Manufacturing output increased 0.2% in May after having decreased about 0.4% per month, on average, in the first four months of the year (NAICS manufacturing: +0.2% MoM; +0.9% YoY). In May, the production of durable goods rose 0.3%, while the output of nondurable goods edged up 0.1%. Among durables, gains of more than 1% were posted by wood products (+1.3%); machinery; electrical equipment, appliances, and components; and motor vehicles and parts. These increases were partially offset by decreases in primary metals and in aerospace and miscellaneous transportation equipment. Among nondurables, the only gain greater than 1% was recorded by plastics and rubber products (paper products: +0.2%), and the only decline greater than 1% was recorded by apparel and leather products. The index for other manufacturing (publishing and logging) decreased 0.9% last month; it has fallen 6.5% during the past 12 months.
The output of utilities increased 2.1% in May, with identically sized gains in the indexes for both natural gas and electric utilities. Mining output inched up 0.1% in May and was 10.0% above its level of a year earlier. The increase in the mining index for May reflected gains in oil and natural gas extraction that were mostly offset by a large decline for oil and gas well drilling. 
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Capacity utilization (CU) for the industrial sector moved up 0.2 percentage point (PP) in May to 78.1%, a rate that is 1.7PP below its long-run (1972–2018) average.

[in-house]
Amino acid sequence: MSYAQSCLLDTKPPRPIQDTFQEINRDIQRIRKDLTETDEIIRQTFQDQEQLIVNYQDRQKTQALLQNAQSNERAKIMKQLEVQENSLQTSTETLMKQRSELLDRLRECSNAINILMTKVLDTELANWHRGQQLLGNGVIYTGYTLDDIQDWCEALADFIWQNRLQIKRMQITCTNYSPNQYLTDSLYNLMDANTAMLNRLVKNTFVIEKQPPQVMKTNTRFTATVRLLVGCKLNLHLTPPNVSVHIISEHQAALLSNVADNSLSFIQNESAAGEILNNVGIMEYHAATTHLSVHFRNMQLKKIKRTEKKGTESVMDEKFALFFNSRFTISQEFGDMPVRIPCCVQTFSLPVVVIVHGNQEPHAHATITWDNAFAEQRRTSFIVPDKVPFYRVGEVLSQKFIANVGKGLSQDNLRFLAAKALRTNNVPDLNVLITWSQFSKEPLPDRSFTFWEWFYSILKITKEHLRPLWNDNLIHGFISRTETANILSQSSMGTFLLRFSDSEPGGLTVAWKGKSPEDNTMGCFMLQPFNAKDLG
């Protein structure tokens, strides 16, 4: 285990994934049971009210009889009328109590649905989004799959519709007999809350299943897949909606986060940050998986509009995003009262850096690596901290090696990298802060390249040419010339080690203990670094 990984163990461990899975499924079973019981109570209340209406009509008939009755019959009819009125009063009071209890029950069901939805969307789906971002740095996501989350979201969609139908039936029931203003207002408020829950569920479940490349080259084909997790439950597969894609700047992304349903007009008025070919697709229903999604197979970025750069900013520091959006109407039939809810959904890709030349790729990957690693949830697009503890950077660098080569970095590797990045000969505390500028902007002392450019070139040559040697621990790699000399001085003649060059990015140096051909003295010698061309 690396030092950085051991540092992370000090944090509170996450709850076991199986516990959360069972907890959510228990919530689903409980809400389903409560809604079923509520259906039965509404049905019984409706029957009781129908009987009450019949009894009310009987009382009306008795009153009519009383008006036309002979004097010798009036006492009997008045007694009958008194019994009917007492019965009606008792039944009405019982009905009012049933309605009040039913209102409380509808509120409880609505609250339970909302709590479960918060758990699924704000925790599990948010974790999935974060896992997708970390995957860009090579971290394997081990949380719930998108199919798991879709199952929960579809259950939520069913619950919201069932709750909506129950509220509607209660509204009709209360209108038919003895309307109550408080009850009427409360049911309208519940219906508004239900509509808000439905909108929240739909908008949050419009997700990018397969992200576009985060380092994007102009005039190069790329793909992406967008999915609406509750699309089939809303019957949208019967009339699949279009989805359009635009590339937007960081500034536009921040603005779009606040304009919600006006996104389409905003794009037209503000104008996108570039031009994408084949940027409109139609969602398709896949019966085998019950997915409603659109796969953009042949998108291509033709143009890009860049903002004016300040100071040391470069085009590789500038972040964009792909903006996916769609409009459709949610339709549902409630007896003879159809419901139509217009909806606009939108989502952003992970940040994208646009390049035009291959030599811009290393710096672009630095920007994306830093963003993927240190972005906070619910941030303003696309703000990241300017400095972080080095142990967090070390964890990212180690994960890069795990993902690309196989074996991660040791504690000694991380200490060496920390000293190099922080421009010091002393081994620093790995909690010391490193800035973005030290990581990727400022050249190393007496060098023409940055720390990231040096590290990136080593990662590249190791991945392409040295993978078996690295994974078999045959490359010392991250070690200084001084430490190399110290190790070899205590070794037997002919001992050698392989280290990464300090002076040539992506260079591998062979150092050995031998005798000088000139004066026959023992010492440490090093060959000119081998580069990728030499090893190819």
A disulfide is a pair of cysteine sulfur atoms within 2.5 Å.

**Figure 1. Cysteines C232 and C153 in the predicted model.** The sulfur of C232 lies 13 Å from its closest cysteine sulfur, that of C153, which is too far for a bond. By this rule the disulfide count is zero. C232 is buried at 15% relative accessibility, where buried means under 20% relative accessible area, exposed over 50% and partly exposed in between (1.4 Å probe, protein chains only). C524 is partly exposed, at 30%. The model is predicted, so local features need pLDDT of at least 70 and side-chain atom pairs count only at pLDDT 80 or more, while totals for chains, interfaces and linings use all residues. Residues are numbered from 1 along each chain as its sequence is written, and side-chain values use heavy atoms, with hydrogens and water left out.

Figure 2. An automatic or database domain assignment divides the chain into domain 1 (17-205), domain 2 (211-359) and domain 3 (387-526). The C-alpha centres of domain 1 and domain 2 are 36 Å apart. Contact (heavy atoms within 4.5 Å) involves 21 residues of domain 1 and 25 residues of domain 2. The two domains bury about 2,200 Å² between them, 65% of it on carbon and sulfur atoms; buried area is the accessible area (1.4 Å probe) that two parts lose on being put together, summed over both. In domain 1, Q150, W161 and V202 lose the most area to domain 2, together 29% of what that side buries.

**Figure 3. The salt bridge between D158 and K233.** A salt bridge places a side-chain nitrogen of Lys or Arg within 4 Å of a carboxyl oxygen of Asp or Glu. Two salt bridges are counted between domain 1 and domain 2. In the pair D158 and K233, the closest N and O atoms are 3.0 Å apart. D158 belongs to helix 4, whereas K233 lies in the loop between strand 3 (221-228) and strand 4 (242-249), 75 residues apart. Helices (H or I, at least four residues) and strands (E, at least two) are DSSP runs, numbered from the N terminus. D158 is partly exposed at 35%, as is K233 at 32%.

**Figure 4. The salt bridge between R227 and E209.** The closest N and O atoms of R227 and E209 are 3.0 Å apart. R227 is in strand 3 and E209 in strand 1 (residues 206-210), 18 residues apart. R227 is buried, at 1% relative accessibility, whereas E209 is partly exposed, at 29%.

Manufacturing CU moved up 0.1PP in May to 75.7%, a rate that is 2.6PP below its long-run average (NAICS manufacturing: +0.1%, to 76.2%). The utilization rates for durable and nondurable manufacturing were little changed (wood products: +1.0%; paper products: +0.2%), while the rate for other manufacturing (publishing and logging) slipped 0.4PP. Capacity utilization for mining dipped to 91.3% but remained well above its long-run average of 87.1%. The operating rate for utilities jumped to 77.5%; even so, it was still about 8PP below its long-run average. 
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Capacity at the all-industries level nudged up 0.2% (+2.1 % YoY) to 140.3% of 2012 output. Manufacturing (NAICS basis) rose fractionally (+0.1% MoM; +1.2% YoY) to 139.0%. Wood products: +0.3% (+3.8% YoY) to 165.1%; paper products: 0.0% (-0.7 % YoY) to 109.8%.
The foregoing comments represent the general economic views and analysis of Delphi Advisors, and are provided solely for the purpose of information, instruction and discourse. They do not constitute a solicitation or recommendation regarding any investment.

Wednesday, June 12, 2019

April 2019 International Trade (Softwood Lumber)

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Softwood lumber exports increased (9 MMBF or +8.6%) in April; meanwhile, imports jumped (183 MMBF or +14.5%). Exports were 48 MMBF (-28.6%) below year-earlier levels; imports were 109 MMBF (+8.2%) higher. As a result, the year-over-year (YoY) net export deficit was 157 MMBF (+13.5%) larger. Also, the average net export deficit for the 12 months ending April 2019 was 4.4% larger than the average of the same months a year earlier (the “YoY MA(12) % Chng” series shown in the graph above). 
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North America (42.4%; of which Canada: 23.0%; Mexico: 19.4%) and Asia (32.6%; especially China: 14.4%; and Japan: 6.8%) were the primary destinations for U.S. softwood lumber exports; the Caribbean ranked third with an 18.7% share. Year-to-date (YTD) exports to China were -64.5% relative to the same months in 2018. Meanwhile, Canada was the source of most (90.9%) of softwood lumber imports into the United States. Imports from Canada were 0.6% higher YTD than the same months in 2018. Overall, YTD exports were down 26.0% compared to 2018; imports: +0.3%.